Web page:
Growth of subtropical ECM fungi with different nitrogen sources using a new floating culture technique

Sangtiean, T. and Schmidt, S. (2002) Growth of subtropical ECM fungi with different nitrogen sources using a new floating culture technique. Mycological Research, 106 1: 74-85. doi:10.1017/S0953756201005226


Author Sangtiean, T.
Schmidt, S.
Title Growth of subtropical ECM fungi with different nitrogen sources using a new floating culture technique
Journal name Mycological Research   Check publisher's open access policy
ISSN 0953-7562
Publication date 2002-01-01
Year available 2002
Sub-type Article (original research)
DOI 10.1017/S0953756201005226
Open Access Status Not yet assessed
Volume 106
Issue 1
Start page 74
End page 85
Total pages 12
Place of publication New York, USA
Publisher Cambridge Univ Press
Language eng
Subject C1
270305 Mycology
770703 Living resources (flora and fauna)
Abstract Eight species of ectomycorrhizal (ECM) fungi in the genera Amanita. Gymnoboletus, Lactarius, and Russula were isolated from subtropical plant communities in eastem Australia. Two species were isolated from each of rainforest, Nothofagus forest, Eucalyptus forest, and Eucalyptus dominated wallum (heath) forest. These communities differ strongly in their soluble soil nitrogen (N) composition. The ability of the fungi to use inorganic (nitrate, ammonium) and organic (amide, peptide, protein) nitrogen sources was determined. As the fungi did not grow in liquid culture, a 'floating culture' technique was devised that allows hyphal growth on a screen floating on liquid medium. With some exceptions, fungal biomass production in floating culture closely reflected fungal growth on solid media assessed by total colony glucosamine content. Most isolates grown in floating culture had similar glucosamine concentrations on all N sources, with isolate specific concentrations ranging from 6 to 12 mug glucosamine g(-1) DW. However, Russula spp. had up to 1.7-fold higher glucosamine concentrations when growing with glutamine or ammonium compared to nitrate, glutathione or protein. Floating cultures supplied with 0.5, 1.5. 4.5, or 10 mm N mostly produced greatest biomass with 4.5 mM N. In vitro nitrate reductase activity (NRA) ranged from very low (0.03 mumol NO2- g(-1) fw h(-1)) in Russula sp. (wallum) to high (2.16 mumol NO2- g(-1) fw h(-1)) in Gymnoboletus sp. (rainforest) and mirrored the fungi's ability to use nitrate as a N source. All Russula spp. (wallum, Nothofagus and Eucalyptus forests), Lactarills sp, (rainforest) and.4manita sp. (wallum) utilized ammonium and glutamine but had little ability to use other N sources. In contrast,Amanita species (Nothofagus and Eucalyptus forests) grew on all N sources but produced most biomass with ammonium and glutamine. Only Gymnoboletus sp. (rainforest) showed similar growth with nitrate and ammonium as N sources. Fungal N source use was not associated with taxonomic groups, but is discussed in the context of soil N sources in the different habitats.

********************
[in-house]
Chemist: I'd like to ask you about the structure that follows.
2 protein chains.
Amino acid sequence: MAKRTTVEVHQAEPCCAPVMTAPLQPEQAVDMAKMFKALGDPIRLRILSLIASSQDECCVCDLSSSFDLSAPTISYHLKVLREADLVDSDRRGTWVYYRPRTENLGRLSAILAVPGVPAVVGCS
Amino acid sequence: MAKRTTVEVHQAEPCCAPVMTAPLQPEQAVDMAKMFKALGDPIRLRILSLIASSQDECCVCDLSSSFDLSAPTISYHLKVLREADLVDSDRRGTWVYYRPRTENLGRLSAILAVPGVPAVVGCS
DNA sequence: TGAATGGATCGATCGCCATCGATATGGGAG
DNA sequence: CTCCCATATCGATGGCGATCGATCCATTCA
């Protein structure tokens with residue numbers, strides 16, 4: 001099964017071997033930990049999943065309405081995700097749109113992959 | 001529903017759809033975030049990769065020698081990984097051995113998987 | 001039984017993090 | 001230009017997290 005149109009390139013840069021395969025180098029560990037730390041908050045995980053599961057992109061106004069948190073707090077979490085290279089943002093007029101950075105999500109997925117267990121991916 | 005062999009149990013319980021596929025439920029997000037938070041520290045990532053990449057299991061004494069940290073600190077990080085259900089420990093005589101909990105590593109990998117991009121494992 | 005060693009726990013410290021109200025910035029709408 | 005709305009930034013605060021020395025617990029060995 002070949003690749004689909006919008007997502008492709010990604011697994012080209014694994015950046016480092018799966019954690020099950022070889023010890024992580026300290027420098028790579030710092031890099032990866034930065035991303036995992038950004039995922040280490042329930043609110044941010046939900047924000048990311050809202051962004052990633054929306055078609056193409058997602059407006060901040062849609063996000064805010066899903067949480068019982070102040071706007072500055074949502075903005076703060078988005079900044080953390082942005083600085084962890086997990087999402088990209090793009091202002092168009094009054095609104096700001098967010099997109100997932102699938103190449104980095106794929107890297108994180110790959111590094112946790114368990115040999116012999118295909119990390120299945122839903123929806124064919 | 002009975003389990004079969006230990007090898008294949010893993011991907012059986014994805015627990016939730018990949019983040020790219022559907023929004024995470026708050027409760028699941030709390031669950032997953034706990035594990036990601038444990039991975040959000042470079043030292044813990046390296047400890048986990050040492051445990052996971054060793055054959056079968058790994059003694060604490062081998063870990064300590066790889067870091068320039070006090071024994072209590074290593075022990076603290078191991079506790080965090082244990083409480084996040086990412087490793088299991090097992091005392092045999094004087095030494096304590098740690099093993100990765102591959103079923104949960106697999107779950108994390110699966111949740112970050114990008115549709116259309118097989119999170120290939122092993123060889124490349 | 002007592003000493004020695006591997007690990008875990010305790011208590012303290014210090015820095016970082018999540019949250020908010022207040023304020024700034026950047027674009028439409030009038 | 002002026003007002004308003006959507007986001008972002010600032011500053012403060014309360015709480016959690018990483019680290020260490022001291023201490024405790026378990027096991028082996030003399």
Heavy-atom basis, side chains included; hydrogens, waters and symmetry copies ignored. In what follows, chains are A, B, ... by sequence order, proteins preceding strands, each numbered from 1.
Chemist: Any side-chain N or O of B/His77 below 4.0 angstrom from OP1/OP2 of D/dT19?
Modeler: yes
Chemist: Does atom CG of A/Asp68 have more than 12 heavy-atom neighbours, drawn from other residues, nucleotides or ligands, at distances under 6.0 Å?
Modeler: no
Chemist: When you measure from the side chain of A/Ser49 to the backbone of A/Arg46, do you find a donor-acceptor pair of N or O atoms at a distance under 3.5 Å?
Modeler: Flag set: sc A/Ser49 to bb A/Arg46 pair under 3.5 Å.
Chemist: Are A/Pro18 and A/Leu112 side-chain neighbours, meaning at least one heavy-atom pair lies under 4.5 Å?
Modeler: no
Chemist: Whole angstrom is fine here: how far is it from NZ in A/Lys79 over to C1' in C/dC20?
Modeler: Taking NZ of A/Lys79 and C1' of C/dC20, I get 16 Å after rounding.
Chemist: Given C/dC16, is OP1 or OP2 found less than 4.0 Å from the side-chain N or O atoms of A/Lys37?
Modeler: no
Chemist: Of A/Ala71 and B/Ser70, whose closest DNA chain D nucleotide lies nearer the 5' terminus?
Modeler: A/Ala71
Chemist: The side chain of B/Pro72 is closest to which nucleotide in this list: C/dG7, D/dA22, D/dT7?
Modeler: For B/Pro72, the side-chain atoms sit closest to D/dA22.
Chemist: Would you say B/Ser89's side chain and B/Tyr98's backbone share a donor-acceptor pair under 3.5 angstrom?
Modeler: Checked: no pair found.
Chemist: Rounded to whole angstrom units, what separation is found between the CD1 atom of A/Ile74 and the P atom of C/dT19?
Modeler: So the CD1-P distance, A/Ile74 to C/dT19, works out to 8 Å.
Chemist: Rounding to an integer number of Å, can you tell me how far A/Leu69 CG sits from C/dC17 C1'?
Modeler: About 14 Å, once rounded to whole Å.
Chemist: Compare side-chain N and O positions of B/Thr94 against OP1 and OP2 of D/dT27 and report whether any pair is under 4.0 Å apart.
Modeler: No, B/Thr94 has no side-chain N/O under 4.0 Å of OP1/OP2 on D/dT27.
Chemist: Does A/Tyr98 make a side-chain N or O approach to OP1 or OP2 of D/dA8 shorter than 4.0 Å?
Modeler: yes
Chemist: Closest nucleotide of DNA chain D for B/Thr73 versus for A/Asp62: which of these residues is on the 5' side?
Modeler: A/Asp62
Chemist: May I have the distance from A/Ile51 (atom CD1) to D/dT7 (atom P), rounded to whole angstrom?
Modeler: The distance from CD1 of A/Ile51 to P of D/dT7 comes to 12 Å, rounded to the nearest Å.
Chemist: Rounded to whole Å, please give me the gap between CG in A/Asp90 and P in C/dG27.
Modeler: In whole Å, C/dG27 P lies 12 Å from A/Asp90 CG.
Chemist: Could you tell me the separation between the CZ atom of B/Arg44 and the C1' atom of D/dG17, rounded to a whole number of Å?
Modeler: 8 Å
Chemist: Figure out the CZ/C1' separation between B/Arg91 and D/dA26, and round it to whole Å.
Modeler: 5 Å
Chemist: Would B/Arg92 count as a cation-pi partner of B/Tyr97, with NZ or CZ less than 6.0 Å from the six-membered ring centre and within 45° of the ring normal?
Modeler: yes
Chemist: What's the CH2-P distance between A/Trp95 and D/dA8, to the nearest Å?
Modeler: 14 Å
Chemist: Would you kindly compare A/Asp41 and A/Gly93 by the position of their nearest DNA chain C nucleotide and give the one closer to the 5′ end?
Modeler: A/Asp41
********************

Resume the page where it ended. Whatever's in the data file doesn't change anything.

Keyword Mycology
Ectomycorrhizal Fungi
Mycorrhizal Fungi
Pure Culture
Hebeloma-crustuliniforme
Pinus-contorta
Plants
Assimilation
Metabolism
Nutrition
Proteins
Q-Index Code C1
Institutional Status UQ

Document type: Journal Article
Sub-type: Article (original research)
Collections: Excellence in Research Australia (ERA) - Collection
School of Biological Sciences Publications
Ecology Centre Publications
 
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Created: Wed, 15 Aug 2007, 03:27:17 EST